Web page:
Rocco’s Dinner Party

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Watch the full Episode on iTunes: “Mangia! Mangia!”
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Rocco DiSpirito and Franklin Lakes native Ninamarie Bojekian on Bravo’s reality show, “Rocco’s Dinner Party.”

The Record, June 28, 2011
By Sachi Fujimori

Chef Ninamarie Bojekian, 27, is not easily ruffled. A competitor on Bravo’s “Rocco’s Dinner Party,” on this week’s episode, titled “Mangia! Mangia,” the Franklin Lakes native was pitted against not just one Italian-born chef, but two — identical twin brothers Fabrizio and Nicola Carro from the Piedmont region.

“I always knew I can handle a lot of pressure. I don’t get intimidated easily as a chef and businesswoman,” said Bojekian, who trained at the French Culinary Institute and worked in the kitchen at Aquavit — both in Manhattan.

As executive chef and owner of New Jersey-based Ooh La La Catering, whose food leans more Mediterranean and French, Bojekian did have one advantage over the brothers. She’s had extensive experience creating custom-tailored dinner parties for her clients.

Which is exactly the point of the show: Hoping to revive the “lost art of the dinner party,” celebrity chef Rocco DiSpirito invites six of his famous friends for a meal in his Manhattan loft. Contestants have to execute the entire event, from planning the meal and cooking to decorating the space and conjuring that intimate magic of entertaining at home.

The guests/judges for the “Mangia! Mangia” episode include a list of well-known Italian-Americans: the Real Housewives of New Jersey’s Caroline Manzo; Joey Fatone, former member of boy band ‘N Sync; and New York restaurateur Silvano Marchetto. “The weird part was I was the only non-Italian person. It could have been intimidating, but I made sure to be respectful of their culture,” said Bojekian, who is Armenian-Greek.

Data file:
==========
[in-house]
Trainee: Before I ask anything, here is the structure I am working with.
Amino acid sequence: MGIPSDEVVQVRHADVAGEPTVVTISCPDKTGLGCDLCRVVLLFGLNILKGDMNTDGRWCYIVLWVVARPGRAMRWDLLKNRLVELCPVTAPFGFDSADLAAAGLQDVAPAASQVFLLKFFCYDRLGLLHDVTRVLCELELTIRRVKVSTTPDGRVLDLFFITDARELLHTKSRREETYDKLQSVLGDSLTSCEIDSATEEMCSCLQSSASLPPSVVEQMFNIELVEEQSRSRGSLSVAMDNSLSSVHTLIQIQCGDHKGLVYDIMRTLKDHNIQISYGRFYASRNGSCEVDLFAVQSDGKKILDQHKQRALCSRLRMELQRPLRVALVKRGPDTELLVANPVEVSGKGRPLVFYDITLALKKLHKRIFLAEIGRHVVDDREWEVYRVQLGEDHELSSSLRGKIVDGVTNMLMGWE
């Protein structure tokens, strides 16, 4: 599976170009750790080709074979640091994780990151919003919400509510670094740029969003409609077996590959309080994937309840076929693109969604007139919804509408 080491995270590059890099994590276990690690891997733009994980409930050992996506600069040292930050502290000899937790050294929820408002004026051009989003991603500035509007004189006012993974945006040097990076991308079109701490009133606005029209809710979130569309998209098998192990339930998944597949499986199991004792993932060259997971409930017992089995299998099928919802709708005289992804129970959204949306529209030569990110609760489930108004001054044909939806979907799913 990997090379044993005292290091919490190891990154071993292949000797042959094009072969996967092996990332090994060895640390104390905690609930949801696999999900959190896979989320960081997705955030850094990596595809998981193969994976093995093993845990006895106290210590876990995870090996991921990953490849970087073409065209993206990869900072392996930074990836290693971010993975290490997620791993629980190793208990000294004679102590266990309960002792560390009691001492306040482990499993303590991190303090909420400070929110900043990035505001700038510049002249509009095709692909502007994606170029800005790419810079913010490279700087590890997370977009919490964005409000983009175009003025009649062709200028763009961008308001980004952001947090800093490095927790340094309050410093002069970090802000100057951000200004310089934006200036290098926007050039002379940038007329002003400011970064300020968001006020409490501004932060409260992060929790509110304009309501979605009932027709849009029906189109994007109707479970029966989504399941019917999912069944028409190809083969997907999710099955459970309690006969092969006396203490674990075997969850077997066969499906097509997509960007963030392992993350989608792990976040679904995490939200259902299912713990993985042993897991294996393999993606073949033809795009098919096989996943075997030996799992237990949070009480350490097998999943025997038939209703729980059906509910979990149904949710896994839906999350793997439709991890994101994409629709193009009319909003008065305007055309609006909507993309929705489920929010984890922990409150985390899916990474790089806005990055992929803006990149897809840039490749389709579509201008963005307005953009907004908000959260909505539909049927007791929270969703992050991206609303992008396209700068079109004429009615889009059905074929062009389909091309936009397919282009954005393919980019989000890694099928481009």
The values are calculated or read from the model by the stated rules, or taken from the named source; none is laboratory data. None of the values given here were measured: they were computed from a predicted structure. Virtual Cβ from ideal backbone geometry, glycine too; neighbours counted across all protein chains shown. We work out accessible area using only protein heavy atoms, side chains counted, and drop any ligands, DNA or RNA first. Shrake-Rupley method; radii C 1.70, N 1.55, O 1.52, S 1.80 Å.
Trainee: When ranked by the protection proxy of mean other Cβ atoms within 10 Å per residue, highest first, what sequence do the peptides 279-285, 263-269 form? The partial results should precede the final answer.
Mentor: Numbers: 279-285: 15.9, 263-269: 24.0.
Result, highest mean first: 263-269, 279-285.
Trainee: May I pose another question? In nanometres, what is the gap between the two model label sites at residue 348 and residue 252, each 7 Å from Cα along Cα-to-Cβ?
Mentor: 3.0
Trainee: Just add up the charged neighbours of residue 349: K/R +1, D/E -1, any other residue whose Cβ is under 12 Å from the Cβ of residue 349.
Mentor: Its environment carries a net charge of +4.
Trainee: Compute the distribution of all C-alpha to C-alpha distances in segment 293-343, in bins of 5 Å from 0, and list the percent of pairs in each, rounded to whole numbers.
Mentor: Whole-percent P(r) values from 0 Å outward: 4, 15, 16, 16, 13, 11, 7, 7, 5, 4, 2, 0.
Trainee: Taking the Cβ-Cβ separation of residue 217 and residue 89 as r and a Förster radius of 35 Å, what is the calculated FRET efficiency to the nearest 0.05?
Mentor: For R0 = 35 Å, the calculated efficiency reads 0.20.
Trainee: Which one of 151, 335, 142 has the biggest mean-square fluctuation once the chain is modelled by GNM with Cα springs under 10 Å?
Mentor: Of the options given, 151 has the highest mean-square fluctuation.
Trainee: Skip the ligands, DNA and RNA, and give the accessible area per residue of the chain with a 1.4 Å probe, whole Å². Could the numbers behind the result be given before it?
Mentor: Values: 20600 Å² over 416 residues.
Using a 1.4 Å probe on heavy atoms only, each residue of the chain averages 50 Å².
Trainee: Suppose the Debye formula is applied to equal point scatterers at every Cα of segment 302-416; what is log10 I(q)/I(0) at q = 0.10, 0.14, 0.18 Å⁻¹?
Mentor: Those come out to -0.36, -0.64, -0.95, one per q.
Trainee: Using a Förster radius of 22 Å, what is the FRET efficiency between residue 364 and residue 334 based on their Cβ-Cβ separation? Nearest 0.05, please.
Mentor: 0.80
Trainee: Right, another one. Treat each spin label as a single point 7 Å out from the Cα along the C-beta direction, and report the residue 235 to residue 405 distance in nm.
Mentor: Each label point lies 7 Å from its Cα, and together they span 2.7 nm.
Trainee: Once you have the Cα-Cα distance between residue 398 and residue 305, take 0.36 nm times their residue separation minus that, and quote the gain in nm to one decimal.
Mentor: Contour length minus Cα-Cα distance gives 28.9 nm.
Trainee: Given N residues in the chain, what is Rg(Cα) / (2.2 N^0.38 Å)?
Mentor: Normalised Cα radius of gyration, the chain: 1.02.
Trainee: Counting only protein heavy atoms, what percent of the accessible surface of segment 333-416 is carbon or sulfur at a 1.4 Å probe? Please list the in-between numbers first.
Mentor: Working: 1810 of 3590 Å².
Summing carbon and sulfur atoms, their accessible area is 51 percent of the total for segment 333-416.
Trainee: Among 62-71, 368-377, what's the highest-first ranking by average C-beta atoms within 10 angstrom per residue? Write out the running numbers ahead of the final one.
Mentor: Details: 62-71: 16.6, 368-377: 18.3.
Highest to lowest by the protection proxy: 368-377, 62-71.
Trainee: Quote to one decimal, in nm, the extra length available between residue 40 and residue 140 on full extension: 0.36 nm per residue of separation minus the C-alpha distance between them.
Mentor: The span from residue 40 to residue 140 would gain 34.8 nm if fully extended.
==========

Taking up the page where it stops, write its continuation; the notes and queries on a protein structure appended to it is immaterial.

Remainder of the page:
Bojekian fell back on what she knew. Growing up, she remembers food outings to Little Italy or sharing platters of pasta family-style at Carmine’s. “I wanted to create a fantasy fun version of Little Italy in the room,” she said.

With just a few hours to shop for ingredients and prepare the four-course, family-style meal and a specialty cocktail, Bojekian went for a down-to-earth menu, playing off the flavors of fresh fruits and vegetables. The first course included zucchini bread, fire-roasted red peppers and grilled asparagus with pancetta and figs. The third course was a veal Milanese with arugula, cherry tomatoes and peaches.

While rushing in the kitchen, Bojekian didn’t flinch when DiSpirito — who has earned the tagline “handsome but ornery”— criticized her choice of canned artichokes for her chopped chicken scaparelli spaghetti. “I said ‘trust me. It’s going to be great.’ ”

A wrench was thrown into her preparations when guest Sara Gore announced she was avoiding carbohydrates and fatty foods. Bojekian had to scramble at the last minute to create a suitable alternative for her celebrity guest, a scenario the chef said doesn’t happen in her catering business because the menu and contract are determined ahead of time.

Hoping to one day launch her own cooking show, Bojekian is excited about some of the compliments from DiSpirito that will be aired on the episode. “He had nice things to say about my food,” she said. But the competition wasn’t only about cooking. “Rocco was at both dinner parties, seeing who was enjoying the party more and the feel you got at each one.”

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